-He does not enjoy elliptical training, but he tolerates it and thinks of it as an opportunity to listen to a TED talk. He likes biking. He loves running. He does so much of the stuff he likes or just tolerates because it allows him to win when he does run, and he is a self-proclaimed dopamine junkie. Dopamine is the happy hormone that’s released in your brain when you win, apparently. Not to be confused with endorphins, which are a natural consequence of any cardiovascular workout, known in common parlance as “runner’s high.”

-According to King, one the many benefits of cross-training is that it gives the body an opportunity to develop the metabolic capacity of a variety of muscle groups; not just the ones you use when you run. So while a typical runner who spends 95% of her time running has developed her running muscles’ efficiency, the person who cross trains has the opportunity to maximize the efficiency of a variety of muscles throughout the body. When you’re in the final leg of a race and you’re dying and you’re muscles are screaming at you to just please stop, it’s all your muscles, not just the ones responsible for the act of running, that help clear the toxic crap out of your muscles, and those toxins are what create all that pain.

And that last one was probably my favorite part of the whole talk, even though it’s the hardest one for me to articulate. But this one nugget made me go, “Everything counts. Anything counts.” Which actually, was also my favorite true-ism of Gretchen Rubin’s fabulous book on the power of habits “Better Than Before.” In other words, everything I do- the easy 1500 yd swim, the bike ride to preschool, the lackluster 40 minutes on the elliptical… It all matters. It’s not running, but it all matters when I do finally get back to running consistently. Sure, I exercise because I enjoy it for it’s own sake, but I am competitive, I am goal-oriented, and I like things to “count” which is why this resonated so deeply with me.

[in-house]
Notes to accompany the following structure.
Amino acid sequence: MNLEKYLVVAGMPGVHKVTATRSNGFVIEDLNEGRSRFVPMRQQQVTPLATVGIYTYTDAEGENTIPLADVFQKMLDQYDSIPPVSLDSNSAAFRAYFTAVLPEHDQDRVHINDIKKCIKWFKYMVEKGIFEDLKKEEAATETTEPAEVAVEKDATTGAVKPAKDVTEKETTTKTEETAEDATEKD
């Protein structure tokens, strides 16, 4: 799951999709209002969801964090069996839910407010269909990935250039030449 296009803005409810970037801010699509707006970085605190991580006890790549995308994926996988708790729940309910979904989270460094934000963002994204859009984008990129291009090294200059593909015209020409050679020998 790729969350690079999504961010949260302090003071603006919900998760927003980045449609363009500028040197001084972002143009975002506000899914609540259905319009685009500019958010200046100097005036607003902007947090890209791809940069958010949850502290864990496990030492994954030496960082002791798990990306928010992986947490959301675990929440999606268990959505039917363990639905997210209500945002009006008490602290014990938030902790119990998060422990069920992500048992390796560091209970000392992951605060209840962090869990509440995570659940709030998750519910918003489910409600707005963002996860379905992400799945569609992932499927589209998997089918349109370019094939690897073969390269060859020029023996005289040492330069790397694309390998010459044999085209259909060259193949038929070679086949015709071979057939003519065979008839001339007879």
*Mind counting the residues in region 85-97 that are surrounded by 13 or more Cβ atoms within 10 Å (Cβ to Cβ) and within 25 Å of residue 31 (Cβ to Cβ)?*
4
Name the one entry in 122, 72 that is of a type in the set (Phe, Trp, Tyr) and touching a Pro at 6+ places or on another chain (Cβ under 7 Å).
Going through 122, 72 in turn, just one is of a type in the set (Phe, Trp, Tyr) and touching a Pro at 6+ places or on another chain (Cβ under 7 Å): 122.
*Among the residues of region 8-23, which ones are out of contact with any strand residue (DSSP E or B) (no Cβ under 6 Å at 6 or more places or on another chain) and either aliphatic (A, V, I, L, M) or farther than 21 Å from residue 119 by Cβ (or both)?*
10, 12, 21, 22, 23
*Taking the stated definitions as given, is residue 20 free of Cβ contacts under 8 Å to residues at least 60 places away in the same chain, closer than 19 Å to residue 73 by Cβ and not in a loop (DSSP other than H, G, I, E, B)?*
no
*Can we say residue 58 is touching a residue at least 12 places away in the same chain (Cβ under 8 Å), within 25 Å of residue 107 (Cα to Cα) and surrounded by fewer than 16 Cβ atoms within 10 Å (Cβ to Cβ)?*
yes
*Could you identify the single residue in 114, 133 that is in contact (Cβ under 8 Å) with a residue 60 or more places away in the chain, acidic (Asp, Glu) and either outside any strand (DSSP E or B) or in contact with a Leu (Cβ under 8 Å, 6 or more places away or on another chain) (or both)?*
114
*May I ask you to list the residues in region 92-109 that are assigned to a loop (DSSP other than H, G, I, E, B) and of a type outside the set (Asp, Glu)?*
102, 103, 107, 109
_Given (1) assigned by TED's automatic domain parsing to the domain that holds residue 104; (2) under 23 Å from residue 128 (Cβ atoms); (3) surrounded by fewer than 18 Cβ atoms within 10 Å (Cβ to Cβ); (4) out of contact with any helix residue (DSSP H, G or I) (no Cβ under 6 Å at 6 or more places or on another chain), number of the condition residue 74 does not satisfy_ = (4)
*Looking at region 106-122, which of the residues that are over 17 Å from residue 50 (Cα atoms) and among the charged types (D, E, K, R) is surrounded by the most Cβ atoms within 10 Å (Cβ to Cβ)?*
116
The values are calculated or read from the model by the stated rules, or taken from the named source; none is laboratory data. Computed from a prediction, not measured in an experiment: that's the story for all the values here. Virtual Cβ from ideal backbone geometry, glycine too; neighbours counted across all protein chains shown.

-King’s attitude counts for a lot. Where most people would be like “Too bad, I have plantar fasciitis, I guess I can’t run anymore,” King found a way around it. He turns his commute to Denver into an opportunity to bike whenever he can. He uses the elliptical in his office during his lunch break because the movement mimics running, despite the boredom it provokes. He turns the seven minutes he spends each night doing his Seven Minute Workout app into an opportunity to spend time with his kid.

-King is passionate about learning about running, figuring out how he can make what he knows work for him. He loves the sport so much, he showed up at the local running store with a fantastic talk, great power point slides, and a desire to share what he discovered on his journey with the community, for free. I can’t help but think that his generous, geeky spirit has something to do with his incredible athletic performance.